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hyperplasia, or a submucosal fibroid. Air bubble is seen as a well-defined round filling defect which can usually be recognized by its mobility, lack of persistence and move to a non-dependent part of the uterus when patient turns (Eng C Wet a/., 2007).

2.6.3.2 Contrast intravasation

Contrast intravasation can occur via venous or lymphatic routes. It can take place in up to 6% of patients undergoing HSG (Lousine Boyadzhyan eta/., 1995). It is most commonly occurs due to excessive pressure during the injection of contrast material.

Endometrial scarring, fibrosis and ulcerations can promote entry of the contrast material into myometrial vessels. Precautions should be given to patients with uterine adhesions, tubal disease and/or obstruction, history of recent uterine operations, uterine malfonnations, history of uterine tuberculosis, and submucous tumors.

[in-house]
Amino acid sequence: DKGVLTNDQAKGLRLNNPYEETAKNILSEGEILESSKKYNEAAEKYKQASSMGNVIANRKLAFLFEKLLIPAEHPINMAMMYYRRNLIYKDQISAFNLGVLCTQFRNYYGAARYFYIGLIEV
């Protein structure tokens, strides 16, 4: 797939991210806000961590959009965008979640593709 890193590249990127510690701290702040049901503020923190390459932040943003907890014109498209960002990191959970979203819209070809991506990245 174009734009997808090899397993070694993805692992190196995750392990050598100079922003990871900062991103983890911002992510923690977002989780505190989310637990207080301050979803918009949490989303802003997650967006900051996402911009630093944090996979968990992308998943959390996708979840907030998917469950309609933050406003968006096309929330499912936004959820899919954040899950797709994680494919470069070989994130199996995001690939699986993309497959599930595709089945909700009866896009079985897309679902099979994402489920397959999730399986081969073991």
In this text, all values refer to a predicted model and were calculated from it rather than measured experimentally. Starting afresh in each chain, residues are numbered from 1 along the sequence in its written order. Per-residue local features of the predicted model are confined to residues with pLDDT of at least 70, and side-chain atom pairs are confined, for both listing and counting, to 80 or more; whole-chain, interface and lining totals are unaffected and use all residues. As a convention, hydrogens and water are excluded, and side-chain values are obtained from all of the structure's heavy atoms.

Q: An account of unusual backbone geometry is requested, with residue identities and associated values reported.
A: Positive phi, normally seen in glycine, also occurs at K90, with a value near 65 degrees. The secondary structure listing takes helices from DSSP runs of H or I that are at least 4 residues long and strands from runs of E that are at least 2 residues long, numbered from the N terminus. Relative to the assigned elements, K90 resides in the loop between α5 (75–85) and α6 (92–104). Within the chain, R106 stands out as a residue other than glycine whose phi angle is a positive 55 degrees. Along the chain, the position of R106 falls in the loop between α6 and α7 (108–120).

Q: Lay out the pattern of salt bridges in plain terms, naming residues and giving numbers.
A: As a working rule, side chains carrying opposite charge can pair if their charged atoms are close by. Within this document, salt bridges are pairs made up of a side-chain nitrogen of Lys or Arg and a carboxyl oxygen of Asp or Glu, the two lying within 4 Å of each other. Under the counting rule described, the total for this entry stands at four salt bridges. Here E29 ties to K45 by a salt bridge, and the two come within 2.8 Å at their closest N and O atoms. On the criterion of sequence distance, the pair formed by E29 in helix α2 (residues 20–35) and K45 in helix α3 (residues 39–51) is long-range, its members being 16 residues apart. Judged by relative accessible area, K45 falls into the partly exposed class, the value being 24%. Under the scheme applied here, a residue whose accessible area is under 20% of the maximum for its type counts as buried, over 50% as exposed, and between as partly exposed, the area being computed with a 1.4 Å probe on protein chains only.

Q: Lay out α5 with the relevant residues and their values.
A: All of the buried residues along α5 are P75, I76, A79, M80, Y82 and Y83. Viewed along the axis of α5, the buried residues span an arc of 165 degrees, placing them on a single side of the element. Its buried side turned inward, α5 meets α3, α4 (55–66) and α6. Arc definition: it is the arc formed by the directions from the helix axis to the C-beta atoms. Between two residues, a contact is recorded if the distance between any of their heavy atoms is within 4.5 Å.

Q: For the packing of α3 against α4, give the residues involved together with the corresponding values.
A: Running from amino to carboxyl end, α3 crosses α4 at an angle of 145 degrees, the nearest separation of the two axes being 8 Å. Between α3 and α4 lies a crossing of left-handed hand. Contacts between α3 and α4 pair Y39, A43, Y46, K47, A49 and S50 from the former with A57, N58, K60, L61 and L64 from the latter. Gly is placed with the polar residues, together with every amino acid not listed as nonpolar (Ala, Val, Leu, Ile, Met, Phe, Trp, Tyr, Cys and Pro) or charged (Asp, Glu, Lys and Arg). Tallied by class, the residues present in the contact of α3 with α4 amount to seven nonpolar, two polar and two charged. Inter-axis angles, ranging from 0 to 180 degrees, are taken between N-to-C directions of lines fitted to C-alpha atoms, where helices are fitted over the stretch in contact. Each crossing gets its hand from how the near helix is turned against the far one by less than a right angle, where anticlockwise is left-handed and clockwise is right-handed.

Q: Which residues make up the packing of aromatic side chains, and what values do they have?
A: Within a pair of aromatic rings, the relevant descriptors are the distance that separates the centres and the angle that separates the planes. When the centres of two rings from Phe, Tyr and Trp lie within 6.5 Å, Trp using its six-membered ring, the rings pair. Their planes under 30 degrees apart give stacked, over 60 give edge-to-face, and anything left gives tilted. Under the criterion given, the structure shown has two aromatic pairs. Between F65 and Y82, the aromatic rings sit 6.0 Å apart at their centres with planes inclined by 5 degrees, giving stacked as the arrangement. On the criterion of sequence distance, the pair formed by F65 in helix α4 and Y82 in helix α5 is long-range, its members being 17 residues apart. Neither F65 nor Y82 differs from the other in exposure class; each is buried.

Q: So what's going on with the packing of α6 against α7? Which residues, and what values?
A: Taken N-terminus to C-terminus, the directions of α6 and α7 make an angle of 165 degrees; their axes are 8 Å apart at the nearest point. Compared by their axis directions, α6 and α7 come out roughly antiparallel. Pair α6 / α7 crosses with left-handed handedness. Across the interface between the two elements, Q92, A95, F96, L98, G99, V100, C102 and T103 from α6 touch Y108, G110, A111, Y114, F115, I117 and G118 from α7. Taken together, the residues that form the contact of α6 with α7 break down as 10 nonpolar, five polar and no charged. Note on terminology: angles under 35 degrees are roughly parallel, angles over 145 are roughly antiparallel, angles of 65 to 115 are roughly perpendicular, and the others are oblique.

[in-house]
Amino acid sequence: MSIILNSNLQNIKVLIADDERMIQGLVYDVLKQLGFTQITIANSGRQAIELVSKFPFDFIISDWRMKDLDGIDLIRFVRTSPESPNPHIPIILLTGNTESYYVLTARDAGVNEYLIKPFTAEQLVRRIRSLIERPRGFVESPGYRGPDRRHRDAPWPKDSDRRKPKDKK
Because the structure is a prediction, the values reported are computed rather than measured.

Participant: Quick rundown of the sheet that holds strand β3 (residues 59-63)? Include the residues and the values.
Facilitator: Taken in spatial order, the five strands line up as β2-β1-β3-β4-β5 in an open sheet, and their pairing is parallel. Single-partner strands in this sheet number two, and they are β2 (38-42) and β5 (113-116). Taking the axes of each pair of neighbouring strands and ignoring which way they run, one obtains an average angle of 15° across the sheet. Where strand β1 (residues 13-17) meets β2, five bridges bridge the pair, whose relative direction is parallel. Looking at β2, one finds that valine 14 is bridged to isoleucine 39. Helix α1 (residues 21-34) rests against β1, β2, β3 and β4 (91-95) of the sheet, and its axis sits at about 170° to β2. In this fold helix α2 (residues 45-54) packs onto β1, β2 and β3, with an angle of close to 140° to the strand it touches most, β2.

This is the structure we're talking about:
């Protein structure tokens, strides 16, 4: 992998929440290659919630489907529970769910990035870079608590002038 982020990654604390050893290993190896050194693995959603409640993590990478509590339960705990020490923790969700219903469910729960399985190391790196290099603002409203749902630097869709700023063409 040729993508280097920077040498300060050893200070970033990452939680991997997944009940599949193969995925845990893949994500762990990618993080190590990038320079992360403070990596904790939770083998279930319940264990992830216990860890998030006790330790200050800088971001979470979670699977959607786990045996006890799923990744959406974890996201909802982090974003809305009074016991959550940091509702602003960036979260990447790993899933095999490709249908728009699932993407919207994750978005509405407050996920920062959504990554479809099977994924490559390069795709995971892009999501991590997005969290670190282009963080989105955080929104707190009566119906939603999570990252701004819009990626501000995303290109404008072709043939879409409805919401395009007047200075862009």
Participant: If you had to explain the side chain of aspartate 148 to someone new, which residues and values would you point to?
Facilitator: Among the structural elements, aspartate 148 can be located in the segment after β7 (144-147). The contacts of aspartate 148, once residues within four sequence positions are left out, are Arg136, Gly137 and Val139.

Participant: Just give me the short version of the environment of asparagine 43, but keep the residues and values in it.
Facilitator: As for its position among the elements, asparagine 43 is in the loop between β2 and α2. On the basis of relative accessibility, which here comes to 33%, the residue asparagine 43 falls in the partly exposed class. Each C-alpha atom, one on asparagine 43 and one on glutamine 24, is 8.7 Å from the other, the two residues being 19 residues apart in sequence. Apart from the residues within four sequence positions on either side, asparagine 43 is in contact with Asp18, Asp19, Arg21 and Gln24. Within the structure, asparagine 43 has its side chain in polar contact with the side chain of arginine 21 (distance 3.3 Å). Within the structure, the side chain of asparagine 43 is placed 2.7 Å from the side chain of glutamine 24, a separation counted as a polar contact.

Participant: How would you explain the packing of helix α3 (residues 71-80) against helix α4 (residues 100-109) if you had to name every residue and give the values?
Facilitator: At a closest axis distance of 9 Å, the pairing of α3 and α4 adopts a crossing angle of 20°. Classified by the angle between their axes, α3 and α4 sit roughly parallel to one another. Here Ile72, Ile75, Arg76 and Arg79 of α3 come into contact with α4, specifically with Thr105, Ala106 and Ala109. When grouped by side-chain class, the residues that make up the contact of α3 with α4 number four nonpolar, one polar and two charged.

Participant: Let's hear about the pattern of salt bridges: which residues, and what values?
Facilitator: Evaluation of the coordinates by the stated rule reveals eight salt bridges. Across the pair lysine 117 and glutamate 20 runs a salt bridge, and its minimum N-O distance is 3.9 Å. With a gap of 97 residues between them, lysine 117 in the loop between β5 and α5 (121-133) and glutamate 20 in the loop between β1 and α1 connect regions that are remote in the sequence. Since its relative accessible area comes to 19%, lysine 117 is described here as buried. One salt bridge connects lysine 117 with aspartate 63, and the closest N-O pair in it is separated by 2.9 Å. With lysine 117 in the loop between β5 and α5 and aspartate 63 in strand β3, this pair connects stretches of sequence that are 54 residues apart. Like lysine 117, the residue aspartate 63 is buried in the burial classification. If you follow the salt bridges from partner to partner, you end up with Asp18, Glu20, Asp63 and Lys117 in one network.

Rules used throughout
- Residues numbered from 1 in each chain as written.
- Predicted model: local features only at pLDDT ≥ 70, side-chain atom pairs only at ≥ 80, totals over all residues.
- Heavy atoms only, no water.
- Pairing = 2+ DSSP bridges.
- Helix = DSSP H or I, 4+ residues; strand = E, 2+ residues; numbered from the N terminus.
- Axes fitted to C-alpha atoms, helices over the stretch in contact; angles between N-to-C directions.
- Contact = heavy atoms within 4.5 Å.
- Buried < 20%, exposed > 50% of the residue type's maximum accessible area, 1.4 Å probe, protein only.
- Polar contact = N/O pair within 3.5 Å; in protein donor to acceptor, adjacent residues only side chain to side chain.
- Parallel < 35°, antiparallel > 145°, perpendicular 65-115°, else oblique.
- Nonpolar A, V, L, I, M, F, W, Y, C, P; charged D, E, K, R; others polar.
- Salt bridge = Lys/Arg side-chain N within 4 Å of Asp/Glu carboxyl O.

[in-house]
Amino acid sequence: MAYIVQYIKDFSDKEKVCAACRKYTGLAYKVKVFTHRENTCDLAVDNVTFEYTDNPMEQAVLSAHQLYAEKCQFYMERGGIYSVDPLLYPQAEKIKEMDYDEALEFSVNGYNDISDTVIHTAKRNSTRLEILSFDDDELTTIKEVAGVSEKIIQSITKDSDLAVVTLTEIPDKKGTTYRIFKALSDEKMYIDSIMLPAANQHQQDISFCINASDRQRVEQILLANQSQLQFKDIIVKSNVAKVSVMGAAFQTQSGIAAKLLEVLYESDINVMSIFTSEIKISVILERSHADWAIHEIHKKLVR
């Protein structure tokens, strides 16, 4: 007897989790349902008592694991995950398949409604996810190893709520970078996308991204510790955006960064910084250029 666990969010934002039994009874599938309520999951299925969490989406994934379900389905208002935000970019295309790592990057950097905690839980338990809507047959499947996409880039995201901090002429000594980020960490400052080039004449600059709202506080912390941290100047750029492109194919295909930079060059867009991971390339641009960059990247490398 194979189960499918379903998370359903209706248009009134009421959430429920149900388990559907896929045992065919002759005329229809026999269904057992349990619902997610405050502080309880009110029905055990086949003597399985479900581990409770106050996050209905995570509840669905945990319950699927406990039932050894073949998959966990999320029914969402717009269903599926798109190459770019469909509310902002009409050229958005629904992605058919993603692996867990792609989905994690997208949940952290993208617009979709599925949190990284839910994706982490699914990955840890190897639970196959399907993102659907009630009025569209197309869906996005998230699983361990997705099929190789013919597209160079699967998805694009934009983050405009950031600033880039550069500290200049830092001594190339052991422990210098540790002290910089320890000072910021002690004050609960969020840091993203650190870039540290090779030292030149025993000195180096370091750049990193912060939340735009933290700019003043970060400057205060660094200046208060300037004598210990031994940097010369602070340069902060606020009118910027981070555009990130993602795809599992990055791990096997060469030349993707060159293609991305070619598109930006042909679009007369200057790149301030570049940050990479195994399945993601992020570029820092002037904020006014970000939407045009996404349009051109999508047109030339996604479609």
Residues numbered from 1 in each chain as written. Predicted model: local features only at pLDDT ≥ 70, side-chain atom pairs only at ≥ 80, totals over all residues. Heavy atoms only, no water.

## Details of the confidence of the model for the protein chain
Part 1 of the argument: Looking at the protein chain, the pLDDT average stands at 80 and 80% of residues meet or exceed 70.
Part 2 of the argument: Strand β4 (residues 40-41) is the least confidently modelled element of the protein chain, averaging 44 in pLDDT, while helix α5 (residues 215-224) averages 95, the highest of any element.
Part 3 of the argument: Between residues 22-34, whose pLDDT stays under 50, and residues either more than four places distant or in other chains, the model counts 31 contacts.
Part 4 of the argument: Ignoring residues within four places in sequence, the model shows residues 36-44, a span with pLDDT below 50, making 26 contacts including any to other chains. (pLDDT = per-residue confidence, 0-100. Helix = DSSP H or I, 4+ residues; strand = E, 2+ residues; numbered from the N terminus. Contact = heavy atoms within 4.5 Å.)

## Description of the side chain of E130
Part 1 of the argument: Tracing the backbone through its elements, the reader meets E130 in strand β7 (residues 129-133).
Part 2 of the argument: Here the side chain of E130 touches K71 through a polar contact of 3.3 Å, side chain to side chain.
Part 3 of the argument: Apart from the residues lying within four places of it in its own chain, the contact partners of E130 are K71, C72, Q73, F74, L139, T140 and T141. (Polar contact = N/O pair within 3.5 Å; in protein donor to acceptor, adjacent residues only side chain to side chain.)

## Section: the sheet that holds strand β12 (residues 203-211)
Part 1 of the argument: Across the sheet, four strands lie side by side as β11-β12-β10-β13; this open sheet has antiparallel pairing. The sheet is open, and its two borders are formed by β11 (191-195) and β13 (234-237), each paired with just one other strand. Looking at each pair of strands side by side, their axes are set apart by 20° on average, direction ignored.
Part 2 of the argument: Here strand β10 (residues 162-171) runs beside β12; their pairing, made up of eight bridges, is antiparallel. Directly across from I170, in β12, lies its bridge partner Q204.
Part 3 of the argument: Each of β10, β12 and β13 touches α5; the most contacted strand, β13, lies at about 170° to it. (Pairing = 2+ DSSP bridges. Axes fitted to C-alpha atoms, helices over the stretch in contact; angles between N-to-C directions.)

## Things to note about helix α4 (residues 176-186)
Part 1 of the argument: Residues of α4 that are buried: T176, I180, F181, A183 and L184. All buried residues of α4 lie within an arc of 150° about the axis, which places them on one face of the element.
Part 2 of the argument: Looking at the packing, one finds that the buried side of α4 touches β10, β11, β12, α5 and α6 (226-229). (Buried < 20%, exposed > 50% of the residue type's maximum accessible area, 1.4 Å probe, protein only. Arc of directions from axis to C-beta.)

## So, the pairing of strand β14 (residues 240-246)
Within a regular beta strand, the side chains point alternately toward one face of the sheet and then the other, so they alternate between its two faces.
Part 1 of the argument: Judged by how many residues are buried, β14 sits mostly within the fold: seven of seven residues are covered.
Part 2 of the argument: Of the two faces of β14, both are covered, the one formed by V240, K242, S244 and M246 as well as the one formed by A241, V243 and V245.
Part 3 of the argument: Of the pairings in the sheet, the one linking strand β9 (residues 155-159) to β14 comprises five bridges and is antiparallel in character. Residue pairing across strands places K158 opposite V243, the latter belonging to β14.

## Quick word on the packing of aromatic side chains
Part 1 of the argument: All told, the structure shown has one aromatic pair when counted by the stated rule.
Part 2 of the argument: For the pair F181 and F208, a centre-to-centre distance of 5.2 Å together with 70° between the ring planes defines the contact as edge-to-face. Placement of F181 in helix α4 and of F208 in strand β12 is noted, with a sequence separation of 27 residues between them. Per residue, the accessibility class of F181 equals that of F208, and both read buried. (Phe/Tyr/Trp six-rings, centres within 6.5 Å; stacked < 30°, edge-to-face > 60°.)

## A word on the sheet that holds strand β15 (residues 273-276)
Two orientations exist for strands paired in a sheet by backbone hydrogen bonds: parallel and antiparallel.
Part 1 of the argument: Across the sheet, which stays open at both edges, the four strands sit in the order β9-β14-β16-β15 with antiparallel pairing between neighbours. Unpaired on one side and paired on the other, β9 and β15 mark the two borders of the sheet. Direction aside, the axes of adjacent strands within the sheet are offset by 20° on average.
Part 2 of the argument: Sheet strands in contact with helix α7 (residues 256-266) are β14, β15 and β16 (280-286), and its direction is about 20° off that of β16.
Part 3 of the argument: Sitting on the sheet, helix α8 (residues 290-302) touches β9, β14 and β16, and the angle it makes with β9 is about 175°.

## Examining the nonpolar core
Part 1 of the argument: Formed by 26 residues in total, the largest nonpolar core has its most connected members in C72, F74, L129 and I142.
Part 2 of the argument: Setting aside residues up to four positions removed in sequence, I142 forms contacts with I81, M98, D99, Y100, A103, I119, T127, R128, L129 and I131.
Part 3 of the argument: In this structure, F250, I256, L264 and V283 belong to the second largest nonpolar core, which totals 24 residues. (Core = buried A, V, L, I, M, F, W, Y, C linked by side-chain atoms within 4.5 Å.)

It is seen radiographically as multiple thin lines, forming a reticular pattern and should not be mistaken for opacification of the fallopian tubes. Sometimes the ovarian veins may be opacified.

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Figure

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References

Related subjects :
Outline : Fertilization